Kimberly Drew: I love everything that Jenna said. The only thing that I would add—and Jenna has heard me say this a million times—but I think in a moment where there is this insistence upon self-care rhetoric or this expectation that you as an individual need to do the best to take care of yourself to succeed or survive within capitalist structures, it’s really nice to understand the deep power—and the power specifically being vulnerability—in collaboration. I can’t imagine doing something without a committee. Every project I’ve had that’s been even relatively successful has been done with other people. We’re both really big proponents of group work, so I appreciate that question very much.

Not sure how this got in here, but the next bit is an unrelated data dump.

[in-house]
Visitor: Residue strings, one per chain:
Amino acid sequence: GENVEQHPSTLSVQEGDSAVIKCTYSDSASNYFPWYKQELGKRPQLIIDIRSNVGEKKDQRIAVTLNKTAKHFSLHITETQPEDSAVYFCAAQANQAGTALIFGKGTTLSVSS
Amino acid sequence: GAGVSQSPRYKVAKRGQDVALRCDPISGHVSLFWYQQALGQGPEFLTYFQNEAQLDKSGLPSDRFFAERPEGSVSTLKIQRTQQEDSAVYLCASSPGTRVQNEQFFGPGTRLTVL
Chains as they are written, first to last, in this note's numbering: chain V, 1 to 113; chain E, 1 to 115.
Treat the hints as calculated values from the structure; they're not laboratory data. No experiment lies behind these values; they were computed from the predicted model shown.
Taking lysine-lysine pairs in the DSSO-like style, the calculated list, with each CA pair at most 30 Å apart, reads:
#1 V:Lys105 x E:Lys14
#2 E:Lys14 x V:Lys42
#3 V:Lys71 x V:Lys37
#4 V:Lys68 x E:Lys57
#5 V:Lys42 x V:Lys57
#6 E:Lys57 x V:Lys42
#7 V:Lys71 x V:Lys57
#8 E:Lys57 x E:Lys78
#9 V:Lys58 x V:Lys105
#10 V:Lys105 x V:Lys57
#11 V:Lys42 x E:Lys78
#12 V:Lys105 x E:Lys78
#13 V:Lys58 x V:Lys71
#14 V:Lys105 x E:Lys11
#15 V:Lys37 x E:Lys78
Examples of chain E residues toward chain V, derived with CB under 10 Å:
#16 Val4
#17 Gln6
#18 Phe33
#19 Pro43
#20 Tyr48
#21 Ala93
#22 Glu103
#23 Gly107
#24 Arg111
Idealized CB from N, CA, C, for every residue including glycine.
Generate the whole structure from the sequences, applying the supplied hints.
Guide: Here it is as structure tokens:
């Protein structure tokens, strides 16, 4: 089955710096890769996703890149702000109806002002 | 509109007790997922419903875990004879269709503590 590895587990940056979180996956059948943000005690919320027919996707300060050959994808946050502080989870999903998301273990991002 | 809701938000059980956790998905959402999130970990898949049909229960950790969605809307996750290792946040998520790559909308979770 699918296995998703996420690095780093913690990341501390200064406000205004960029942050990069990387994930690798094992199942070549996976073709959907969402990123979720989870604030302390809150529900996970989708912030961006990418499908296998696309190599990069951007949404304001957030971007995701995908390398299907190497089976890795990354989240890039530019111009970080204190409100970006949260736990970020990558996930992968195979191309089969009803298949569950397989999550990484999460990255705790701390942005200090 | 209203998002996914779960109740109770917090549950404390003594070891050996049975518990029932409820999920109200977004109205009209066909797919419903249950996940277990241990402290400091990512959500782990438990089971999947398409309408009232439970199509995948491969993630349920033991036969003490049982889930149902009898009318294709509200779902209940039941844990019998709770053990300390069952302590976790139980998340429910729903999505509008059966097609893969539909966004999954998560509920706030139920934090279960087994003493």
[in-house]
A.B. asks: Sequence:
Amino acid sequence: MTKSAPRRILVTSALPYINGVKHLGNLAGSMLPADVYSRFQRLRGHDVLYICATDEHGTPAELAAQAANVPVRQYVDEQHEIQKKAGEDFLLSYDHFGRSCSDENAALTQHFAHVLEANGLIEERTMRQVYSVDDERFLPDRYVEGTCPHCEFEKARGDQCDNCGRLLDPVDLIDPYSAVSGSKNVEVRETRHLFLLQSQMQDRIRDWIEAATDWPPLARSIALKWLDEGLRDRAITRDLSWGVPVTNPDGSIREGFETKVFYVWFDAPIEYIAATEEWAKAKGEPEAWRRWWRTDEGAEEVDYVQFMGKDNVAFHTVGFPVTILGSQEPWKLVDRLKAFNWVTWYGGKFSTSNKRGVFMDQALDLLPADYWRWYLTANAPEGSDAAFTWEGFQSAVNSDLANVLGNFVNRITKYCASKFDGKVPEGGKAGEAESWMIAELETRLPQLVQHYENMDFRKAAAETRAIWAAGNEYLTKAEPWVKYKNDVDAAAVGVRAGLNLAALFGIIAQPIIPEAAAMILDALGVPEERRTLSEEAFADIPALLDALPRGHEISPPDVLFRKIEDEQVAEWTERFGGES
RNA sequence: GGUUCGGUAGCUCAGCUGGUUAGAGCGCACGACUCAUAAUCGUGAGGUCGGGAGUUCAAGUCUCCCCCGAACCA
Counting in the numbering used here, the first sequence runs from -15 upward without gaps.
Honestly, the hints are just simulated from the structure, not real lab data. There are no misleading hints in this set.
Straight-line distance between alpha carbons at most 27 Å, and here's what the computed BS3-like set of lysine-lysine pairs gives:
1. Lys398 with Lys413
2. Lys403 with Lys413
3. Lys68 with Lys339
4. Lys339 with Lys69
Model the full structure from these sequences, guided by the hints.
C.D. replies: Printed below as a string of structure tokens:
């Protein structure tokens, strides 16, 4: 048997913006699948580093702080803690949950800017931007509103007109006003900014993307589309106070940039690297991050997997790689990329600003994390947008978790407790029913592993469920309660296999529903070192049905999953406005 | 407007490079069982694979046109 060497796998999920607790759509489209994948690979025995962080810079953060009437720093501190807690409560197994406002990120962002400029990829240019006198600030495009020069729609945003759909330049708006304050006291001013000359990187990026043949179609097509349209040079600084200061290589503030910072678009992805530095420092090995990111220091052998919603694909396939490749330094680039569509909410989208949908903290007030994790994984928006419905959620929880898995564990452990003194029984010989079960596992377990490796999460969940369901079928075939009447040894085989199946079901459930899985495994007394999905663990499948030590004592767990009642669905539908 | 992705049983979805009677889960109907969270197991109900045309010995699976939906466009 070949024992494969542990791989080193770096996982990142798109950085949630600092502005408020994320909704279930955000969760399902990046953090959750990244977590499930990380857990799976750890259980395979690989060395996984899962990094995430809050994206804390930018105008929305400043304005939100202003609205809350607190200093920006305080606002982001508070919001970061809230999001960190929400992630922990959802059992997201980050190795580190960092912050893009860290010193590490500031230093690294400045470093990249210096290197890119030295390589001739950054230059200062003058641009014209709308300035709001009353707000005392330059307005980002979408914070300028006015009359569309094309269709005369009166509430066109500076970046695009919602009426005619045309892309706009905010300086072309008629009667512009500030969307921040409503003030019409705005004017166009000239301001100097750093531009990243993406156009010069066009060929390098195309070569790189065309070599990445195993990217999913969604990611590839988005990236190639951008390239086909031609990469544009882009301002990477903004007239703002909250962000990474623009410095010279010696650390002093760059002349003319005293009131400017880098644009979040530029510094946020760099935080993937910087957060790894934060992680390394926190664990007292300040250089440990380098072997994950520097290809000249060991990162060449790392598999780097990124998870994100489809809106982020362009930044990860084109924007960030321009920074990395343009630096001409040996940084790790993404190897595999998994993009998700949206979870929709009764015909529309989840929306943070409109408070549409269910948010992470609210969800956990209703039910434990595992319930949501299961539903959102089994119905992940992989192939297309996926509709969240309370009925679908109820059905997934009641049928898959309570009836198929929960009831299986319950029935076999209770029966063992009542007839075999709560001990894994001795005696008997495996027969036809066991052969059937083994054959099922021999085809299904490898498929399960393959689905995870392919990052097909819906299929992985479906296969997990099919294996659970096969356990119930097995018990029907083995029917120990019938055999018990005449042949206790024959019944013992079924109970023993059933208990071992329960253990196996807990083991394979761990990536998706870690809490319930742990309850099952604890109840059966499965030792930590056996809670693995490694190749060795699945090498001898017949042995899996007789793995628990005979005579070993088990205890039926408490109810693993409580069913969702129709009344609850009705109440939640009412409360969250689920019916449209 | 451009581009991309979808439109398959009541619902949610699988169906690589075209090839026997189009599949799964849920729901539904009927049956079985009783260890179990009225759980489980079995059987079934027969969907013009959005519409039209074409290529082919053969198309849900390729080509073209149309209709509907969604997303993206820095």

You started working on this project before everyone went into lockdown. But I have to imagine you were both still very aware of the conditions under which a pandemic that disproportionately affects Black and Brown communities could flourish and spread. What’s the timeline of when you started the conversation to work on this project together, when you filed the text, and if earlier this year there were any thoughts on trying to respond to or incorporate this current moment into the conversation surrounding the book?